The money I received from the Eleanore Peel Trust was used to pay form my accommodation in Mumbai. Mumbai is a crazy city. It is busy, loud and full of colour and different smells. Our visit coincided with monsoon season, so it was also very, very, very wet! As we had a month in Mumbai, we were able to really explore and get to know the city. One of the LGR faculty members lived near to our hostel, and took us under her wing. Often, we would go around to her flat for dinner and she made us feel like part of her family. Half way through out stay in Mumbai was the Ganesh Chaturthi festival. For Ganesh Chaturthi, hundreds of Ganesh statues appear in the streets and in people houses. On specific days, these statues are taken to the sea and submerged in the water. A family we had been introduced to took us to their submersion, where we sang and blessed the statue on the beach before it was taken to the sea. This was my favourite experience while in Mumbai, as we got to see a side to the city that most other travellers would not.

Once we finished our work with Muktangan, we had a week left to travel India. We spent one night in Delhi, one night in Agra and three in Goa. Being able to see some more of the country was a brilliant way to end our trip! I really enjoyed my time in India. While it was hard to be away from home, it was wonderful to experience a culture so different from my own.

Tanzania by Lauren Bruntnell, Lisa Smythe, Rukhsar Younas

Tanzania

In February we travelled to the country of Tanzania to volunteer in a hospital in the city of Arusha. We wanted to experience how healthcare differs from the NHS we have in the UK whilst using our skills from our Adult Nursing degree to help the staff there and care for the locals in the hospital.

Culture and people

Here was our first view of Tanzania. Mount Kilimanjaro rising up above the clouds as seen from our plane window. This was the point where the 30 hours of travelling started to seem worth it.

Tanzanian people were very welcoming and always friendly. They were keen to talk about England and loved to discuss the English footballs leagues. Children were excited to see us, often shouting “mzungu!” which meant white person. They would give us high five’s as we passed and were ecstatic to practice their English phrases and here us reply.

The Tanzanian culture was very different to ours here in England. The locals would have a saying “no hurry in Africa” because everything moved at a relaxed pace “pole pole” (slowly slowly). No one ever rushed anywhere or worried about being late. A vastly different experience than the one we had in Heathrow airport on the way there. Aswell as this the locals were friendly and always approaching us to learn about us and welcome us to the country. No one passed with out giving us a warm “Jambo” (Hello) or using the opportunity to use their English to wish us a good morning.

Personal space also did not exist in Tanzania. Often complete strangers were squeezed together on the Dala dala (bus) and would not see a problem with half sitting on you to fit in and then start a conversation with you about Manchester united.

Volunteering

First day of volunteering in the hospital we were given a short tour of the hospital and the departments we would be working in. The hospital was simplistic with separate buildings for each department and outdoor corridors. We were taught to introduce ourselves to the staff in the native language, Swahili. The staff warmly welcomed us.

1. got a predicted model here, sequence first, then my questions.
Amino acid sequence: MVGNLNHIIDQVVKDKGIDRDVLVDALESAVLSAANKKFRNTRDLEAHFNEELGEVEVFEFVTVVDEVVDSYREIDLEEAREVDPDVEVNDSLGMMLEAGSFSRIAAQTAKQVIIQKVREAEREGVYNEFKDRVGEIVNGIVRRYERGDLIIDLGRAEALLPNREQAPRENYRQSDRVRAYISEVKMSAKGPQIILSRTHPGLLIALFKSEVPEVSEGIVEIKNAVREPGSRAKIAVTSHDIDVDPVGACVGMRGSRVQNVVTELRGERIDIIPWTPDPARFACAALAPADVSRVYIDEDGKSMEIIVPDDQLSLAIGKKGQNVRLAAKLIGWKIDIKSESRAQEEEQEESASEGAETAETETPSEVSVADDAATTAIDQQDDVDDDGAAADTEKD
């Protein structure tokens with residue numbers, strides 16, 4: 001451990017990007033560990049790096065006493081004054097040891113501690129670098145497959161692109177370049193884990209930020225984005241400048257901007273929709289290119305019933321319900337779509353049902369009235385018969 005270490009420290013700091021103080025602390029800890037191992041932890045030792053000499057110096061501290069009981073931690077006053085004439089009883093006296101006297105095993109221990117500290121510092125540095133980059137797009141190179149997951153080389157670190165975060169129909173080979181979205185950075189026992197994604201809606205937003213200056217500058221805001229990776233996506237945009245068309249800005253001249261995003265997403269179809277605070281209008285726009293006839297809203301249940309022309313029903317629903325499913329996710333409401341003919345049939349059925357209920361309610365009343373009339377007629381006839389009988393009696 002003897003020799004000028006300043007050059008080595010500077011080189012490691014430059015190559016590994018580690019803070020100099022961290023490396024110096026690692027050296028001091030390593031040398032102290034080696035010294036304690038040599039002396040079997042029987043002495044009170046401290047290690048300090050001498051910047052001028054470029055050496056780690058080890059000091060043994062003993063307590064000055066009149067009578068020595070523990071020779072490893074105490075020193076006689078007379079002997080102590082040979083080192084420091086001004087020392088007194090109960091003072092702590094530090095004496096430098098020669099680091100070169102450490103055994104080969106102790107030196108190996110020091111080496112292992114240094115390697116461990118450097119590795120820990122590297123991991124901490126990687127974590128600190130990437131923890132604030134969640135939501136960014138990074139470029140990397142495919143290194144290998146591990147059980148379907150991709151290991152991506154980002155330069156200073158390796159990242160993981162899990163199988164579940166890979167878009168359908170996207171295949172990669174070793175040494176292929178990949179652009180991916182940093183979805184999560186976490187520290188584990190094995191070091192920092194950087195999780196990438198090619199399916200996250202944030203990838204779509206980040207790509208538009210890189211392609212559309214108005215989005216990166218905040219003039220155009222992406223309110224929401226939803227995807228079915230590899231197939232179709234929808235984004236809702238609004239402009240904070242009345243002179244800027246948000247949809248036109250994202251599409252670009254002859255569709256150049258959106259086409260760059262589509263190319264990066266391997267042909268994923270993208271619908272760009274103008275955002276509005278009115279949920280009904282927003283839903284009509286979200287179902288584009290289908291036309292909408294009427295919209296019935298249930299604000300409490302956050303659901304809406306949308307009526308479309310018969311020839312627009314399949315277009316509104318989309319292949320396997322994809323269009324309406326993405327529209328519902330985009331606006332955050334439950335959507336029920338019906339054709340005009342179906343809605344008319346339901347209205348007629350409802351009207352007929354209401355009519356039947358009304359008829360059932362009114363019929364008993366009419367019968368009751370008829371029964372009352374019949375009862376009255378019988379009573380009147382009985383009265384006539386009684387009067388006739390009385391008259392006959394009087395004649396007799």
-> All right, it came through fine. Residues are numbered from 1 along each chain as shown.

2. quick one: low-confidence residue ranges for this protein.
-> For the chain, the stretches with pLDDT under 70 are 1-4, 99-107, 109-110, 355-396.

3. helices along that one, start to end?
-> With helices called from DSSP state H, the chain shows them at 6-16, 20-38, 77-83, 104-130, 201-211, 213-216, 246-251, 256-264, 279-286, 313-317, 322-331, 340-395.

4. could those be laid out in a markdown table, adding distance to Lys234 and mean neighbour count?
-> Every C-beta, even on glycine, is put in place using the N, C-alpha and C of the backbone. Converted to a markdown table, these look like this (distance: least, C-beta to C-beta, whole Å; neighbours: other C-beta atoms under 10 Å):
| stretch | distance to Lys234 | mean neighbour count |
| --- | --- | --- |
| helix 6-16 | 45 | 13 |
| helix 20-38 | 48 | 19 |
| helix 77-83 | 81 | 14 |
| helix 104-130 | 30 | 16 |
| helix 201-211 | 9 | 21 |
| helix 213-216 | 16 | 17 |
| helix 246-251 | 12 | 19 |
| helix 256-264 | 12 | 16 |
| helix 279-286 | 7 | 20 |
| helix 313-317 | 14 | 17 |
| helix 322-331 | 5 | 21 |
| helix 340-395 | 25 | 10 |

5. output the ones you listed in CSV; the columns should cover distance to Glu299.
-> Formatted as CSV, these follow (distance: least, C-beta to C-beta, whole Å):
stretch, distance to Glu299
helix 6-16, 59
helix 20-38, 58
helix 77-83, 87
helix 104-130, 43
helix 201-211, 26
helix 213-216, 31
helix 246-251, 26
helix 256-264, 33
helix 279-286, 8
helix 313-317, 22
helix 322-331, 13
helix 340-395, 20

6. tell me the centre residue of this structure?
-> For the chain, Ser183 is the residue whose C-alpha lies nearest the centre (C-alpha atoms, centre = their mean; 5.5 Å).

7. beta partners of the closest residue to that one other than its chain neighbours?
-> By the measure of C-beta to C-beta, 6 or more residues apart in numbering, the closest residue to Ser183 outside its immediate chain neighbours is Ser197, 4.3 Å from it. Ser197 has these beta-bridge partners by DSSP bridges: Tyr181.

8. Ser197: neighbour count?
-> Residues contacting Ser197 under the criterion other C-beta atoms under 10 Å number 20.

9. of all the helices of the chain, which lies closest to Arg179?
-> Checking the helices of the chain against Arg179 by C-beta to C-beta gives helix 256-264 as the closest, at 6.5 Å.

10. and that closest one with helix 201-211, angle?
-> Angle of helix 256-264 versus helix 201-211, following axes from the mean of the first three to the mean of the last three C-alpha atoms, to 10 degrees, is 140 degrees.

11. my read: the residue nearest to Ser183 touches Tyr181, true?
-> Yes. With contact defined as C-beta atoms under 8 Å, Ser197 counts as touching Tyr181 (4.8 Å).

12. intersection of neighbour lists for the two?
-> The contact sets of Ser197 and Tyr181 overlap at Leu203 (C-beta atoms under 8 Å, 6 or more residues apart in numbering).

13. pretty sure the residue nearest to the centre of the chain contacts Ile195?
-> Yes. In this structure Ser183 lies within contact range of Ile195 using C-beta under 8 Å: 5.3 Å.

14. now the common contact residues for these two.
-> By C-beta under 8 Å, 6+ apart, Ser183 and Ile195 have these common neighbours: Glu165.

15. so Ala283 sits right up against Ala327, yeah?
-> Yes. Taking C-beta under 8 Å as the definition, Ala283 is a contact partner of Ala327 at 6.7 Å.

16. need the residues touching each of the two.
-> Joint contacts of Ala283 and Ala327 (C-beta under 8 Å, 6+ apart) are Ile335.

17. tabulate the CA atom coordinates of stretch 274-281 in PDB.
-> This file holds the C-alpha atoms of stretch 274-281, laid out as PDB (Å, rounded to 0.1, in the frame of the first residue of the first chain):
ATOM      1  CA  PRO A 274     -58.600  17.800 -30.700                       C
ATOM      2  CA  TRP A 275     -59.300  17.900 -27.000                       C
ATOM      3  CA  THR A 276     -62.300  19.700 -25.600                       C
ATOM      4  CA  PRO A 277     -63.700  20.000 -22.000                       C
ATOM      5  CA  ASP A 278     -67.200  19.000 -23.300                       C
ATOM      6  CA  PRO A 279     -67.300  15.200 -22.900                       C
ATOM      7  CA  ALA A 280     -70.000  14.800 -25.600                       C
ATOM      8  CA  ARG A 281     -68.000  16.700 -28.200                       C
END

The casualty department was very different to what we had been used to back in the UK. Firstly there were only 3 beds for the patients who needed them most situated in a main room where other patients would have their vital signs checked, receive treatments and see a doctor. Confidentiality was not seen as an issue. Three treatment rooms also lined the corridor and despite being just large enough to fit one stretcher in, they often contained more than one patient waiting to receive treatment. On busier days patients would be lining the corridors waiting for treatment. There was certainly no 4 hour waiting time limit and treatment would not be started until payment had been made.

Supplies were scarce often leading to cases where Doctors stitching wounds would not give patients any local anesthetics and a wound dressing just consisted of cotton wool dipped in iodine placed onto the wound. Scalpel blades were used but with no actual handles and a tied rubber glove was the best tourniquet available.

Once we found our feet and had a few Swahili phrases up our sleeves we started working with the staff. The way everything worked was very different however and took some getting used too. Our work in casualty mainly consisted of checking vital signs, testing for HIV and Malaria and giving injections. This was supplemented by trauma cases where we were needed as an extra pair of hands.

Trauma was the most common cause of the attendance to the department from what we had seen in the two weeks we were volunteering there. Road traffic accidents were frequent with a high number of motorcycles on the road and a high rate of drinking and driving.

The staff, just like everyone else we met in Tanzania, were friendly and were happy to help us fit in. They helped try to bridge the language barrier, which was a task for us when we were trying to care for patients. The more Swahili we learned the easier it became.

The patients welcomed us just as warmly as everyone else in the country. They appreciated the help we gave them and in turn we appreciated their trust in us and their patience with our Swahili. We were more than happy to be able to help such wonderful people and hopefully make a difference to them no matter how small.

Volunteering is the hospital was an amazing experience that we will never forget. We are proud that we travelled thousands of miles and helped the amazing doctors and nurses who work with so little resources and we hope our time volunteering helped the locals of Arusha.